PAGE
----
A 43-year-old Japanese man with a 15-year history of SCA3 presented to our hospital for a severe depressive state and cenesthopathy. At the age of 28 years, he initially complained of walking instability, which was diagnosed as SCA3 based on clinical symptoms and genetic features. At the age of 30 years, he presented with cervical and truncal dystonia with associated gradual progression of his walking instability. At the age of 42 years, he became completely bedridden.
Sixty days prior to the consult, he presented with cenesthopathy characterized by a feeling that his body was attached to the bed and delusions that he was from the future. Moreover, he complained of anorexia, avolition, restlessness, and psychomotor agitation. Due to the fear of disease progression and the presence of suicidal thoughts, he was referred to our hospital for further assessment and treatment.
The initial psychiatric examination revealed a severe depressive state with a score of 25/52 on the Hamilton Depression Scale-17 (HAMD-17). Moreover, the patient scored 56/126 on the Brief Psychiatric Rating Scale (BPRS). Hematologic and biochemical tests, including thyroid function test, were normal. These findings were consistent with a diagnosis of major depressive disorder with cenesthopathy and delusions associated with SCA3.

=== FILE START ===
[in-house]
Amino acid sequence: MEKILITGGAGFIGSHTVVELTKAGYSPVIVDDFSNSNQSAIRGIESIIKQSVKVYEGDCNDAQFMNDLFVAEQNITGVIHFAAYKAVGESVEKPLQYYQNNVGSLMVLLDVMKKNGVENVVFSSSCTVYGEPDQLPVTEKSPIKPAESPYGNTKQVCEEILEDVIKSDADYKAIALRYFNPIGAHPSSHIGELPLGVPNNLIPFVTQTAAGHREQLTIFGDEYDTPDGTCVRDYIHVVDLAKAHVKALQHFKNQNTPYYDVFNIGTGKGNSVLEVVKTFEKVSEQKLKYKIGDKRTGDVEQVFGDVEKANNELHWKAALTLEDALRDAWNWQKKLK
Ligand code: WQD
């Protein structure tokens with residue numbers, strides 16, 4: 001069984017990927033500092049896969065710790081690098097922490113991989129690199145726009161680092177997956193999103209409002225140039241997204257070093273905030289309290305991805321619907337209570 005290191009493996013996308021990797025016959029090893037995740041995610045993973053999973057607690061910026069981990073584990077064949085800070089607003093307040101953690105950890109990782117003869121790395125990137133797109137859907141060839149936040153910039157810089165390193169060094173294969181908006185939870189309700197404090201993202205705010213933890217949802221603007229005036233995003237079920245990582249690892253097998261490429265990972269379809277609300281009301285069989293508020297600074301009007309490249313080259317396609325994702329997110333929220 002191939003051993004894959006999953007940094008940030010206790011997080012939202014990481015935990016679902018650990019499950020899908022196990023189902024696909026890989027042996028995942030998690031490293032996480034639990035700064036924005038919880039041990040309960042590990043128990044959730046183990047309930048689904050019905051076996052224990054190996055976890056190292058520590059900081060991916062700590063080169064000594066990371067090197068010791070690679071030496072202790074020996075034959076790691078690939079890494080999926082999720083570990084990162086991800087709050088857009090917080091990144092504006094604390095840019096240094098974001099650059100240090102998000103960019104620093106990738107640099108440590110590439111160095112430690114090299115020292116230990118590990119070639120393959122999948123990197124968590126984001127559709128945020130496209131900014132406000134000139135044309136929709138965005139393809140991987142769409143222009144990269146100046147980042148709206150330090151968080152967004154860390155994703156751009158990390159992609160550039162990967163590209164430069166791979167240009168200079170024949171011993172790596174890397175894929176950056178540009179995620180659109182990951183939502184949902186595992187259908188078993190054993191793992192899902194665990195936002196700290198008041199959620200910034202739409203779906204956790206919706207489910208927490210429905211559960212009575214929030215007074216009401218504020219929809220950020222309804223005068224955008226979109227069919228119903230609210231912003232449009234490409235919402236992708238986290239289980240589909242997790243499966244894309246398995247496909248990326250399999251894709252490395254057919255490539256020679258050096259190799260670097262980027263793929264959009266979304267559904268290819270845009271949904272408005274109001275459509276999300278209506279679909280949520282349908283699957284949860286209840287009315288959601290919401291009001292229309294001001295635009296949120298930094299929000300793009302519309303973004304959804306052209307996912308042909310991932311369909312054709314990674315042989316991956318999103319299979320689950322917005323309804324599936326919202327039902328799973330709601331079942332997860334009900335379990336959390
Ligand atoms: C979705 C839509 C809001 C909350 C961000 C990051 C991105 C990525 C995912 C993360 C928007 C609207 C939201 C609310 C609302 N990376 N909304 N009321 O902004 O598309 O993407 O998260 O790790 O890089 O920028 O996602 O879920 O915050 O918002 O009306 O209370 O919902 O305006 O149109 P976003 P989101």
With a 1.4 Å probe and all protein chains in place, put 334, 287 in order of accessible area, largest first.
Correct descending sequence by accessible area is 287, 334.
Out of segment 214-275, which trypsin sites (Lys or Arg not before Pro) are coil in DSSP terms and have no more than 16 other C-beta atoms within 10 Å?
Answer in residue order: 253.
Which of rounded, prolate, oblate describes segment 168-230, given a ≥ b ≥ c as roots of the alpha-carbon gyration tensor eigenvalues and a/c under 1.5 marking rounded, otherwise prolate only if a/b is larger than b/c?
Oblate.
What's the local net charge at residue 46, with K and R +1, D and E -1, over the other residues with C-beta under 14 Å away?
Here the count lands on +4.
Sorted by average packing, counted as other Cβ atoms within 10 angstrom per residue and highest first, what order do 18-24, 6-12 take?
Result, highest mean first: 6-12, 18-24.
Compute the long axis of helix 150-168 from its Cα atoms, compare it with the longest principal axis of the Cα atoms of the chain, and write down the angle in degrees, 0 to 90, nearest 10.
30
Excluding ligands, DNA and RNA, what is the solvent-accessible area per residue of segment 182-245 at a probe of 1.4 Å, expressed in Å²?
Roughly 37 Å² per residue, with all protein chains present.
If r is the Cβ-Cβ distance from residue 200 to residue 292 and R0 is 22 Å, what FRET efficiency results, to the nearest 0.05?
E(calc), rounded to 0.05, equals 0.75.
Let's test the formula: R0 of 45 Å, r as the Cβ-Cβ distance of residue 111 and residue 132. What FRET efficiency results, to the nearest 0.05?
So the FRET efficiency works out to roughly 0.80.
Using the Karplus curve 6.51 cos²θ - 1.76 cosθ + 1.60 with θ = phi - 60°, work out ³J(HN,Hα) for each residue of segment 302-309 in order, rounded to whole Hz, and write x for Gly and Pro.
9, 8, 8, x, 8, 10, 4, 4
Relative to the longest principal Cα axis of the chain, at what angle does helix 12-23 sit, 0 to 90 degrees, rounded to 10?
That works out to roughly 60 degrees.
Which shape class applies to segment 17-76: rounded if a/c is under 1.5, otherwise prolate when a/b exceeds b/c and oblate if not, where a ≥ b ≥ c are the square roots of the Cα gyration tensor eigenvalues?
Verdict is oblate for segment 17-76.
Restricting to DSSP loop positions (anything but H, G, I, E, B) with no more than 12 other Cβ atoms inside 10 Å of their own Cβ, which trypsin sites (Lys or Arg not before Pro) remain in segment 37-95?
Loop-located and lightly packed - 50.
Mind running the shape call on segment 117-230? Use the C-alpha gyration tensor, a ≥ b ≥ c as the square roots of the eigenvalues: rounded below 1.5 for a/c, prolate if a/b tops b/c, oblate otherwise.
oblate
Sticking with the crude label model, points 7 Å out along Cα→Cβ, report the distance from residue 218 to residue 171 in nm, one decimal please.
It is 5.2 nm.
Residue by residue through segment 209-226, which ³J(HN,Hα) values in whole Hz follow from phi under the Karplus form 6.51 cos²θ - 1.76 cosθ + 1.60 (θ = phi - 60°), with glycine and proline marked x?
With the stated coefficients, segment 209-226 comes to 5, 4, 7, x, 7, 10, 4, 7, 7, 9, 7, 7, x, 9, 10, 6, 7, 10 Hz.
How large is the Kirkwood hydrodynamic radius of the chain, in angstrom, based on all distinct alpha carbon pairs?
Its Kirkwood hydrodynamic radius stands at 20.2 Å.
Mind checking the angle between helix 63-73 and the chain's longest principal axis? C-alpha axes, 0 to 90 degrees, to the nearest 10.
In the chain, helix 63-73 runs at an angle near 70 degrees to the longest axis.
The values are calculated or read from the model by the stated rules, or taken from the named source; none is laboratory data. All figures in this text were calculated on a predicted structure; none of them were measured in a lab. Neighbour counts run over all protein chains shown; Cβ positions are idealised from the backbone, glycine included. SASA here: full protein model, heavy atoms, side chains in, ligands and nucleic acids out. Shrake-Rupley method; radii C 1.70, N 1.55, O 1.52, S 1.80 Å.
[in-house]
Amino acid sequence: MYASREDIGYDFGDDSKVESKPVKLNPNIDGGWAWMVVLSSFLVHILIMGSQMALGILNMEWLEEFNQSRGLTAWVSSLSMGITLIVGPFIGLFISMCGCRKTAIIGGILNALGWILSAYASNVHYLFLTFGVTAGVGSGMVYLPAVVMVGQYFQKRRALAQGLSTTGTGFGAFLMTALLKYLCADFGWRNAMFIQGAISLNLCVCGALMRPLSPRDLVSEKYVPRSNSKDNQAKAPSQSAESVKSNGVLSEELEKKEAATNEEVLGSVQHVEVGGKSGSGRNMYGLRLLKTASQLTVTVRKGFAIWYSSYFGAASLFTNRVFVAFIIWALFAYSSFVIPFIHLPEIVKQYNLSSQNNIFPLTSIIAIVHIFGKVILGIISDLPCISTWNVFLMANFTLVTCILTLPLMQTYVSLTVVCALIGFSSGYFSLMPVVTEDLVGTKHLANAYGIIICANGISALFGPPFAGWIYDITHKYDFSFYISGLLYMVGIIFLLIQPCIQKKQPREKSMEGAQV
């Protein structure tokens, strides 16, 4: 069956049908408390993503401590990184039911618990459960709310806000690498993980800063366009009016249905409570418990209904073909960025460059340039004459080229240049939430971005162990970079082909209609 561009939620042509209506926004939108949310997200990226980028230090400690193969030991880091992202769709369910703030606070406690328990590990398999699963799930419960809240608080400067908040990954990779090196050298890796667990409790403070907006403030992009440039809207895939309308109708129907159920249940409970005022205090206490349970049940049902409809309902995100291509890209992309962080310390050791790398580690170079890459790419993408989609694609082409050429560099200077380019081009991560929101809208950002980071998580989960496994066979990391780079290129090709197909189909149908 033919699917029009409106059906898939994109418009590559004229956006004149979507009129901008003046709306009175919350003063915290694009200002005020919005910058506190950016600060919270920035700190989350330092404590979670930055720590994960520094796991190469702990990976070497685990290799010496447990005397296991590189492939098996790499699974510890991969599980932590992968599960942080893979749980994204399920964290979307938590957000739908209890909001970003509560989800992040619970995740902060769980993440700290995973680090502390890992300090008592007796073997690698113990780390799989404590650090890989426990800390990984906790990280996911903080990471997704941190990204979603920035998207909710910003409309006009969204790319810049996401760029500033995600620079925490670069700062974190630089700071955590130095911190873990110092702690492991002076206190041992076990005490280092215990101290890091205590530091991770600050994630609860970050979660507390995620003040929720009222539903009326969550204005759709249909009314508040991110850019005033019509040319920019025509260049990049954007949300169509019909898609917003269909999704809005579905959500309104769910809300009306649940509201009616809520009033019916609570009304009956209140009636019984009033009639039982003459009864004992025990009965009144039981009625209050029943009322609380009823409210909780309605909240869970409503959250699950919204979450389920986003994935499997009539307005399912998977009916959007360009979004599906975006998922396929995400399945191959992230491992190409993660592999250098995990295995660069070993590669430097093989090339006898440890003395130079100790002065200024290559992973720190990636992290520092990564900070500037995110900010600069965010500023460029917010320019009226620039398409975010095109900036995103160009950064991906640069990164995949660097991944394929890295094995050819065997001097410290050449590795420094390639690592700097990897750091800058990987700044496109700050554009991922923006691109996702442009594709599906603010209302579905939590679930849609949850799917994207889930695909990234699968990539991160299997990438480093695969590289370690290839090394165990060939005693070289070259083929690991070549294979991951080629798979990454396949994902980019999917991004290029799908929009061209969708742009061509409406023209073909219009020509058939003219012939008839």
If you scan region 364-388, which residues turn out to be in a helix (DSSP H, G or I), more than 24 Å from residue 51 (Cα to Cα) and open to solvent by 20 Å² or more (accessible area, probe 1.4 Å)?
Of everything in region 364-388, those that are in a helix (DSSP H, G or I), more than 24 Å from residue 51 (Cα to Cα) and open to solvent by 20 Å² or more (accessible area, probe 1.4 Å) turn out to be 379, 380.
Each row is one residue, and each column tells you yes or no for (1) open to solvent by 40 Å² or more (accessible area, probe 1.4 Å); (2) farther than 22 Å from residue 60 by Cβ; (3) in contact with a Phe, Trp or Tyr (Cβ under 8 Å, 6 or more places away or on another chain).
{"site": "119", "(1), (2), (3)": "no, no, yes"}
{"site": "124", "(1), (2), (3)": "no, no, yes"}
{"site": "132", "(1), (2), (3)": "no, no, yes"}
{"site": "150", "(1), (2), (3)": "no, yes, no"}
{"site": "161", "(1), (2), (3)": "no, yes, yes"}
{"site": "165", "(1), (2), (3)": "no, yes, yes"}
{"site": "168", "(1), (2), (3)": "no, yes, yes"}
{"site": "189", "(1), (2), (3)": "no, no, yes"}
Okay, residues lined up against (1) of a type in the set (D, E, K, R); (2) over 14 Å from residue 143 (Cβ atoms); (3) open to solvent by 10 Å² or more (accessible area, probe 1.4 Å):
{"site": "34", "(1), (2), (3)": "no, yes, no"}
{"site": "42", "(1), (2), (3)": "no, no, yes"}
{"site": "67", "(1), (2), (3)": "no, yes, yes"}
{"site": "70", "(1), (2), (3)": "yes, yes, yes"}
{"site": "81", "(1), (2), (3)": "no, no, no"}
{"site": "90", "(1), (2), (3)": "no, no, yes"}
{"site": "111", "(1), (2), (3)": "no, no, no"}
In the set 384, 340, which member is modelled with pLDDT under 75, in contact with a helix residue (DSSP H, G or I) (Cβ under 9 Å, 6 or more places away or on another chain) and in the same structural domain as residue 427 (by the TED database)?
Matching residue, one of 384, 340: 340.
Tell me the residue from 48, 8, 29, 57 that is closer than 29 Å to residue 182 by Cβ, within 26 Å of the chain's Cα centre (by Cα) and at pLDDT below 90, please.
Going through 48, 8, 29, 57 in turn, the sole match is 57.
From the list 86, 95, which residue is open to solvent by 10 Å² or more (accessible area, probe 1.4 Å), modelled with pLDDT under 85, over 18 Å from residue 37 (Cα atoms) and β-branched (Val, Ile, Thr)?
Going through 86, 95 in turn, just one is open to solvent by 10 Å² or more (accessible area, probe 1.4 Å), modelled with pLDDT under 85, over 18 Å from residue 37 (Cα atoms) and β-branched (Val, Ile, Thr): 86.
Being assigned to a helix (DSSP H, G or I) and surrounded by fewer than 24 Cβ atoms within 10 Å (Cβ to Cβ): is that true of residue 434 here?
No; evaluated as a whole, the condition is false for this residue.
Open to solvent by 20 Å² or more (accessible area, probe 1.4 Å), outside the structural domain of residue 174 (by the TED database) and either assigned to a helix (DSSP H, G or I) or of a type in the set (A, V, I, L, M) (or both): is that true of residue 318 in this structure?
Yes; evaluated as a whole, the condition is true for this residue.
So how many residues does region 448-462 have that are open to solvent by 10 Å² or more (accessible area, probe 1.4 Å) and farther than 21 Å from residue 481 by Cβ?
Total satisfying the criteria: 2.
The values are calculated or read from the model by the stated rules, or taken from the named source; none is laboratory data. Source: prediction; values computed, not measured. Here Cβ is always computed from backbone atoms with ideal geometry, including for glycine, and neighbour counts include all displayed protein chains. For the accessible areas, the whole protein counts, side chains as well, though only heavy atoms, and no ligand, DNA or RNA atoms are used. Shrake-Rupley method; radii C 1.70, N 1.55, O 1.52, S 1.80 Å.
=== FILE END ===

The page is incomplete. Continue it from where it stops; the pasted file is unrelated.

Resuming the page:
We initiated escitalopram (10 mg/day) and olanzapine (2.5 mg/day). Three weeks later, his delusion, depressive state (HAMD-17 score 10/52), and other psychiatric symptoms (BPRS score 40/126) improved. However, his cenesthopathy persisted, which prompted further evaluation.
Axial computed tomography (CT) of the brain showed mild enlargement of the bilateral cerebellar fissures, suggestive of cerebellar atrophy with associated bilateral superior cerebellar peduncle atrophy (Fig. 1a). Sagittal CT of the brain revealed a dilatation of the fourth ventricle, indicative of tegmental atrophy of the pons (Fig. 1b). Single-photon emission computed tomography (SPECT) of the brain demonstrated decreased cerebral blood flow in the cerebellum, vermis, and brainstem (Fig. 2). No other obvious abnormalities were detected on imaging. These findings were consistent with SCA3.
After 8 weeks of treatment, his depressive state (HAMD-17 score 7/52), delusion, and overall psychiatric symptoms (BPRS score 29/126) improved; however, his cenesthopathy persisted.